By ROBERT JENSEN
It is just after 9 a.m. -- still painfully early for most university students -- and about 30 students are crowded around our guest speaker after class, craning their necks to see his photographs of the poorest of India's poor at work. They have just listened to him talk for an hour, and they won't let him leave, peppering him with questions about the people in the photos.
The scene is at odds with what one often hears about today's college students -- that they all are apathetic, self-interested career-seekers who have no concern about the rest of the world and no interest in social justice.
That is certainly true of some -- perhaps even the majority -- but it is not an intrinsic state of being of today's youth. My students' reaction to the visiting Indian journalist, P. Sainath, and his compelling work on social and economic justice reminded me that young people are waiting for something from their elders, and that too often we don't provide it.
What they don't want or need are pious lectures, stories of the good old days, or marching orders, nor do they need heroes. After a decade of university teaching, I think what young people are looking for are role models -- not just one model, but different models to help them find their own place in a complex world where it is difficult to be a decent person. They don't need people to worship, but people to learn with.
That is what Sainath offered. He walked into my large class in a big, ugly lecture hall at 8 a.m. and grabbed their attention, but not by preaching at them. He simply told the story of how he walked away from a career as a high-ranking, well-paid editor in Indian newspapers to become an under-paid freelance writer covering the poor -- and the social, political and economic systems that keep them poor.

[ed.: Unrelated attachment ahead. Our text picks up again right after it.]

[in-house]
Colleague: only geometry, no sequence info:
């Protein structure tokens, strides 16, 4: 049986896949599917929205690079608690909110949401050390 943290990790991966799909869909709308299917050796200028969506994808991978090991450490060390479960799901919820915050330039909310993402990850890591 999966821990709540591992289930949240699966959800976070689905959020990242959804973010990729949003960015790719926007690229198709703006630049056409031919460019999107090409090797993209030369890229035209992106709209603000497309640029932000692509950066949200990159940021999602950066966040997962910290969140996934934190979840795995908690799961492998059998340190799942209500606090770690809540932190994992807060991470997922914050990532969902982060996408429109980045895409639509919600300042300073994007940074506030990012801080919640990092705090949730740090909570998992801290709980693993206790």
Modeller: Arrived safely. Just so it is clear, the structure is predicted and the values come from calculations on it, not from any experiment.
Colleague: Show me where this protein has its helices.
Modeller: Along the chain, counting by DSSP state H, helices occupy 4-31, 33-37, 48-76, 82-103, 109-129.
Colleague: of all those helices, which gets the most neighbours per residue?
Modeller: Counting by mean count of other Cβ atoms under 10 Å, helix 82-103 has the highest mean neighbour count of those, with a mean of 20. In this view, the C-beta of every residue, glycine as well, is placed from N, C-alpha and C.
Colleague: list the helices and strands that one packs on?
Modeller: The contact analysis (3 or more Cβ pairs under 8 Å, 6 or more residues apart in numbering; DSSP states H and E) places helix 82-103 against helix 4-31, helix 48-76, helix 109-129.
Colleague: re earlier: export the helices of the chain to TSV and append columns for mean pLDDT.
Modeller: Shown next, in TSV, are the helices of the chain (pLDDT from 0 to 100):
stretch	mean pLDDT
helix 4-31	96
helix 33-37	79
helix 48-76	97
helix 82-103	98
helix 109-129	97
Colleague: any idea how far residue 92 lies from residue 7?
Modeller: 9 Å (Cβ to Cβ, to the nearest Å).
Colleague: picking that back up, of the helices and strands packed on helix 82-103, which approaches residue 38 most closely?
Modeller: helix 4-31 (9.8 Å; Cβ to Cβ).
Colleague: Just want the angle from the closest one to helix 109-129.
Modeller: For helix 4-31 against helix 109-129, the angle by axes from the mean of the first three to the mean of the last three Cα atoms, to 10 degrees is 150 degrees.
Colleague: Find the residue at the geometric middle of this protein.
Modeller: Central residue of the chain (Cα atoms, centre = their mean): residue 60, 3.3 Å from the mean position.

"As the Indian media, much like the US media, concentrated more and more of their coverage on the lives of the top 5% -- the rich and the beautiful people -- I decided I would cover the bottom 5%, to tell their stories that are almost never heard," Sainath said.
Sainath's work has garnered awards -- most recently Amnesty International's Global Award for Human Rights Journalism -- and his book Everybody Loves a Good Drought has sold well around the world. But my students were fascinated not just by the results of his reporting but by his passion for people and justice.
In a world that spends more time glorifying the few who are rich than asking why so many are hungry, Sainath's commitment to reporting on the poor -- and to asking critical questions about why they are poor -- may seem out of step. In the world of dot-com billionaires, who cares about poor people half a world away?
My students came to care that morning, because they saw someone else care, and care deeply enough to act.
Sainath is not falsely modest; like most journalists, he's proud of his work and eager to have it read widely. But his work in India's poorest districts gives him a sense of perspective that we so often lack in the United States. He said that people always ask him how he deals with the suffering he sees in these districts, expecting him to be depressed by it.
"What I feel when I return from those villages is a sense of hope after seeing how strong and resilient human beings can be," he said. "I ask myself if I would have that kind of courage in the face of such conditions. I'm not sure I would."
Whatever Sainath's level of courage, he brought to my students a relentless honesty about how the power wielded by corporations and their elite partners in government -- in the United States and around the world -- hurts people. He also gave them a model for how one can face that power, which can look so overwhelming and unstoppable. There is courage in his work, and my students could see it. And just as Sainath returns from poor villages with hope, I think most of my students left that class with a new sense of hope.
And I left with the reminder that if at the end of a semester most of my students are cynical or apathetic, I should blame myself not them. If we are to expect more from our young people than the greed and indifference to the suffering of others that they see all around them -- including in the university -- we must start by expecting more of ourselves.
Robert Jensen is professor of journalism at the University of Texas in Austin.